The second book in the vampire trilogy by del Toro and Hogan (following The Strain) . Here, the vampire virus has basically taken over New York City, and is quickly spreading to other parts of the country and world. CDC doctor Eph Goodweather, with his wife already a vampire, must protect his son and try to fight the spreading threat. He is aided by coworker Nora Martinez, exterminator Vasiliy Fet and Holocaust survivor Abraham Setrakian, who has been fighting vampires since his time in a concentration camp.
The fight opens up here, and we see that it is a struggle between "the Master" and the other original ancients. The ancients employ their own vampire hunters, including gang member Gus and former wrestler/actor Angel. At the same time, Setrakian believes that the key to destroying the Master lies in a 17th century book, which is being put up for auction.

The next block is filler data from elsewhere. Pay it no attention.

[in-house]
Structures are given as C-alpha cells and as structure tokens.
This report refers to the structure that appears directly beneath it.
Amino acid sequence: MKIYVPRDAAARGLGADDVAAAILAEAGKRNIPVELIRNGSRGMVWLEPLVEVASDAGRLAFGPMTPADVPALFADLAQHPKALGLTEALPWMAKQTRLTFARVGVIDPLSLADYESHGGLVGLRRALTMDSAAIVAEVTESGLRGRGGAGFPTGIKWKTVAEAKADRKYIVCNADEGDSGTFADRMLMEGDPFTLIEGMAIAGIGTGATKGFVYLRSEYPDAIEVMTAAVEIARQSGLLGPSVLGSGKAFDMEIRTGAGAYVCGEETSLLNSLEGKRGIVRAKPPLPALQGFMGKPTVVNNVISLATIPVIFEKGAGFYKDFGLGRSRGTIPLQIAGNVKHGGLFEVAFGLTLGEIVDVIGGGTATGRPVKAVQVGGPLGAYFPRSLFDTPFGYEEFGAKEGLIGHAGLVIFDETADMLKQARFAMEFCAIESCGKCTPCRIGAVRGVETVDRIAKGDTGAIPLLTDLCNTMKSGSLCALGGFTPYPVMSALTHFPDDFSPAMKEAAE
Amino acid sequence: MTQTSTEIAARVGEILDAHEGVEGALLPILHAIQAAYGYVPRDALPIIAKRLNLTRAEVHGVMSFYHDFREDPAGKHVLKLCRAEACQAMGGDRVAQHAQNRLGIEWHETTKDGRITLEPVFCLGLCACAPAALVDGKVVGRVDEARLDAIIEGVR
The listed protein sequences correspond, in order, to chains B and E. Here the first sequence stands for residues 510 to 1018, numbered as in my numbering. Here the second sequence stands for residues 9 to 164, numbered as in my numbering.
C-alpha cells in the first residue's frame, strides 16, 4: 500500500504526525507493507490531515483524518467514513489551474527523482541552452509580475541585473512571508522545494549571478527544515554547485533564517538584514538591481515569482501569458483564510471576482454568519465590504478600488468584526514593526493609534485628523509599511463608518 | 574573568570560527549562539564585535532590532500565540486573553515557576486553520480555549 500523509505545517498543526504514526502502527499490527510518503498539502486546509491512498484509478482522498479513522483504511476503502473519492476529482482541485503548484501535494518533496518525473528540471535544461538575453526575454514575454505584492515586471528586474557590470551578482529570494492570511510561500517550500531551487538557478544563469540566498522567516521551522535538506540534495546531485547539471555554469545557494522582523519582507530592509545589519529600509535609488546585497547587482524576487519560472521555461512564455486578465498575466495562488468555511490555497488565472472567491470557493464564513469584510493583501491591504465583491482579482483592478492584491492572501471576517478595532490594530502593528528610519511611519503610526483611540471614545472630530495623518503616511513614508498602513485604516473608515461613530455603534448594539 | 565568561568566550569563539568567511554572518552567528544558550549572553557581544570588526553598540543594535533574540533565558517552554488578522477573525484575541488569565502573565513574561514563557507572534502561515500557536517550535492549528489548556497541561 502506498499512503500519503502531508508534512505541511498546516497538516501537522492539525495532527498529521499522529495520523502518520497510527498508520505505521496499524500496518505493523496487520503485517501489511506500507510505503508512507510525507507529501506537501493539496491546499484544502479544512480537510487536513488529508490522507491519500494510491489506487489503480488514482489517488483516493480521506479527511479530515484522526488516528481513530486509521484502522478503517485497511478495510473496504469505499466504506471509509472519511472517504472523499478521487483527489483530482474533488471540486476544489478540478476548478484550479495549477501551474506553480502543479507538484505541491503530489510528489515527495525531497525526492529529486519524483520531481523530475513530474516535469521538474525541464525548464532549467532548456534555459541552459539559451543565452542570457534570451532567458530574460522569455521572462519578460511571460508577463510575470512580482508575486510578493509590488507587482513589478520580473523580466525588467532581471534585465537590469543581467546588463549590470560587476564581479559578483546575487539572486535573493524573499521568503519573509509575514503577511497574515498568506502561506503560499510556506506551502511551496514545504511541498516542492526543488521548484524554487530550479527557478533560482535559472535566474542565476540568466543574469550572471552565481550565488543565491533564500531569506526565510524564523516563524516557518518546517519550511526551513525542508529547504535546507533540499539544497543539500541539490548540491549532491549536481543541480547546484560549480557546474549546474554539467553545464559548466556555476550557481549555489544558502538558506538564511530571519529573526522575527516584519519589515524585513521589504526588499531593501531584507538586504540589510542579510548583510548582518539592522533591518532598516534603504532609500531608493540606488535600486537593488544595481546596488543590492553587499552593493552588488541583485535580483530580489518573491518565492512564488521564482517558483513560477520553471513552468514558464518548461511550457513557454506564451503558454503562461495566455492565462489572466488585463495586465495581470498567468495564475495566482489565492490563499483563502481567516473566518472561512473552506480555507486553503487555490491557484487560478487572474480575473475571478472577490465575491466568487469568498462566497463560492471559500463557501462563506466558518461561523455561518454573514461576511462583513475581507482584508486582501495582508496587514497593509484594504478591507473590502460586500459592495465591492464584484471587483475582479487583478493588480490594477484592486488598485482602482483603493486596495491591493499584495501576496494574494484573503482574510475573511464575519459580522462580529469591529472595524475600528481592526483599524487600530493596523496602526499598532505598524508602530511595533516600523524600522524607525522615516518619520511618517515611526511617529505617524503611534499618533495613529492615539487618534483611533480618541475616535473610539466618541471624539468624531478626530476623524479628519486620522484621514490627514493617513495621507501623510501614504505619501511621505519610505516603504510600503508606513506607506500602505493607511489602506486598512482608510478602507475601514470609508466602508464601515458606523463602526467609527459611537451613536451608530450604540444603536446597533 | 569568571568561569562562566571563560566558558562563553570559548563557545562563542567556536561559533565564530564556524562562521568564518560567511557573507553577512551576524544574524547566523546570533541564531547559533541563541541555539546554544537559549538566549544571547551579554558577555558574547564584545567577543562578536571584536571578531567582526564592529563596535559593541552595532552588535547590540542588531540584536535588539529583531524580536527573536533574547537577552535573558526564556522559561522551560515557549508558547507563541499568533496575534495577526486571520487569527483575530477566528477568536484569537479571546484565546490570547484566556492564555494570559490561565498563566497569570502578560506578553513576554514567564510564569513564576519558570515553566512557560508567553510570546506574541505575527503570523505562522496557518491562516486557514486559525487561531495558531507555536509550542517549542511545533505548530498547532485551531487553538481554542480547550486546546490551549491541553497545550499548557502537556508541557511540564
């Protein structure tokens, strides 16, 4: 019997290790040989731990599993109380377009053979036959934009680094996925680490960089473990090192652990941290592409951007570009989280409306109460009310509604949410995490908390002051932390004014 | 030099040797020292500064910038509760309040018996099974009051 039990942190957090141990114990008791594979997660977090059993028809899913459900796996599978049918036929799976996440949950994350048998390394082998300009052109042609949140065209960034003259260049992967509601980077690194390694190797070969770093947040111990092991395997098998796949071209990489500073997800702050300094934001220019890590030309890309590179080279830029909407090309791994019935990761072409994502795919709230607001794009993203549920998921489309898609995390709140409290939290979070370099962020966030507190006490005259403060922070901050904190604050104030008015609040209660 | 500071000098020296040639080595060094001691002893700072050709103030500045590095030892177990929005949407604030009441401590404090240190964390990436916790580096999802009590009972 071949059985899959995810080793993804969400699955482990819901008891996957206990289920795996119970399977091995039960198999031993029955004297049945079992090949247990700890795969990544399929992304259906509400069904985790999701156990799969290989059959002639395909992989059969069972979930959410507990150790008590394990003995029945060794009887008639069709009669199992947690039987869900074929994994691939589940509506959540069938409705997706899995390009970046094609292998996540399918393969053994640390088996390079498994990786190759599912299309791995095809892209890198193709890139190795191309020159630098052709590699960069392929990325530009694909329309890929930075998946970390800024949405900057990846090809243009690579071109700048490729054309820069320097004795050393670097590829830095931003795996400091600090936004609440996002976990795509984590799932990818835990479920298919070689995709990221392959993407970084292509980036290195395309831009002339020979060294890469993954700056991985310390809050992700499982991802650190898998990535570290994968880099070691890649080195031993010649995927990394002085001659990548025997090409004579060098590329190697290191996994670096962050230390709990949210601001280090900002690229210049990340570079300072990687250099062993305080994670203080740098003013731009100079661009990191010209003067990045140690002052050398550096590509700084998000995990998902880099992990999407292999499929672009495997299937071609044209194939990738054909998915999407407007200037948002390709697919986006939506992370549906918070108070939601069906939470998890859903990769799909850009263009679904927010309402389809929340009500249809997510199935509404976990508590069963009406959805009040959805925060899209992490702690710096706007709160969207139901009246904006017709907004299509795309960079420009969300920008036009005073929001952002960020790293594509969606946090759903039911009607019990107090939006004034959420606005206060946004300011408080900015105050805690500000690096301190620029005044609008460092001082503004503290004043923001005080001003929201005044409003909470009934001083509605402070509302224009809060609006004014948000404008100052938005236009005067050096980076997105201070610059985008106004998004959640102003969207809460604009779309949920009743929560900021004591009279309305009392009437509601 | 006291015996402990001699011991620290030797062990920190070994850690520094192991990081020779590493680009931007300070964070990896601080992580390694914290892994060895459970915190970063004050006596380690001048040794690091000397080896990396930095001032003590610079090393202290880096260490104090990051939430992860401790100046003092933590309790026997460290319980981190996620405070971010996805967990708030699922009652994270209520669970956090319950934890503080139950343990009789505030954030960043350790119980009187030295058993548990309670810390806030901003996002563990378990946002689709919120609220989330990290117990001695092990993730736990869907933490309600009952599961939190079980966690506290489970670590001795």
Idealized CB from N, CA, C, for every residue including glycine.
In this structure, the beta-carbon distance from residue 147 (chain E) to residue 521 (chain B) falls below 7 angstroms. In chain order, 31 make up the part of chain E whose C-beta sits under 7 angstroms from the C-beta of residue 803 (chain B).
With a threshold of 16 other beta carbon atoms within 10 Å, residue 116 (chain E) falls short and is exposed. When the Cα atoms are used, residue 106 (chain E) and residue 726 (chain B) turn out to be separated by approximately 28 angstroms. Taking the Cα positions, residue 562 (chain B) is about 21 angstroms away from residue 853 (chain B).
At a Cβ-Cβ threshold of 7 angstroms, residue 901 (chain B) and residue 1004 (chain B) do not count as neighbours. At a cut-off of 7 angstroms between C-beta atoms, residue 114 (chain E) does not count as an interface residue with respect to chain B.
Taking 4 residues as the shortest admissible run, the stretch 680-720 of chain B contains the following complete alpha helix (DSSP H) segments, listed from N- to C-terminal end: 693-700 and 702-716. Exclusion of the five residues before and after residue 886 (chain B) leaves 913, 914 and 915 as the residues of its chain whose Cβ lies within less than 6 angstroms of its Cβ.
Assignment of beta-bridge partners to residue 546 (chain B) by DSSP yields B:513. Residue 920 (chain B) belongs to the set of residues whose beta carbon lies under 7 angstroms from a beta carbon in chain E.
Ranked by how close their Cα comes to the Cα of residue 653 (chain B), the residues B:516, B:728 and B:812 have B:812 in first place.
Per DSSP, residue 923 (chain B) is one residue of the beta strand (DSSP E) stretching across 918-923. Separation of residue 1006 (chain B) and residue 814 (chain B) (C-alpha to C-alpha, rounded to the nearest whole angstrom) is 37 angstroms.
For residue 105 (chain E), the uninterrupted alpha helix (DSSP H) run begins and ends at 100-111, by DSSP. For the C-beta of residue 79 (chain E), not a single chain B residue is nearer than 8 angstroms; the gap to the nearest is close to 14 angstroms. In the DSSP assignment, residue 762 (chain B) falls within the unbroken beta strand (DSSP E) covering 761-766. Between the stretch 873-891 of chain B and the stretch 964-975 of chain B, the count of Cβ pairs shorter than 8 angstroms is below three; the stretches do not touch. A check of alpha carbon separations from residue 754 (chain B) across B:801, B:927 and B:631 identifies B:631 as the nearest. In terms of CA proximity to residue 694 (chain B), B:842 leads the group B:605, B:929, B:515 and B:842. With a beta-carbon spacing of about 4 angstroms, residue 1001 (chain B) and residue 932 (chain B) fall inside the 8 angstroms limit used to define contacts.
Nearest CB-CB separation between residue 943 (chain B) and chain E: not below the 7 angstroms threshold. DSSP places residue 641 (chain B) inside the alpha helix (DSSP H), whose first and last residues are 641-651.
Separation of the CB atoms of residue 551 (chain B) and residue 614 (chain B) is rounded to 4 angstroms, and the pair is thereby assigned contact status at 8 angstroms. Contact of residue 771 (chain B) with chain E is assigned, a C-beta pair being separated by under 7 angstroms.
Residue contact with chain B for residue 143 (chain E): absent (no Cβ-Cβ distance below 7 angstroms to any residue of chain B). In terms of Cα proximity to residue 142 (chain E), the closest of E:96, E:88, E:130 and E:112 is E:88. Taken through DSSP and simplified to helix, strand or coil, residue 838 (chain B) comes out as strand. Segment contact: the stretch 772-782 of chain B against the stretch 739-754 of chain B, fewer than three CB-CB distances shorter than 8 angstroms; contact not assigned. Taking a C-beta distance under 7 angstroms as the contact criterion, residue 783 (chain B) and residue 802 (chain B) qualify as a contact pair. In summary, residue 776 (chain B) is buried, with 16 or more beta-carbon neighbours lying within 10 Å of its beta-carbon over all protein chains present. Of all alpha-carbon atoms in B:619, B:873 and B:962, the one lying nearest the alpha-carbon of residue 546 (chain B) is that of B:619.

The authors take on vampires is a bit different, though they have some of the usual weakness (silver, and light--particularly ultraviolet). There are no fangs (instead there is a "stinger" that comes out of their throat). The virus is passed along through "blood worms". There's a lot of fighting and destruction, with the book being in many ways a story of civilization crumbling. It's definitely the middle book of a trilogy, with a "lull" in the story, but no ending.
If you like del Toro's movies, there's a good chance you'll like this, since his vision seems to driving the book (though I'm not familiar with Hogan's other work). With a collaboration like this, I would assume that Hogan did most of the actual writing, though I don't know that.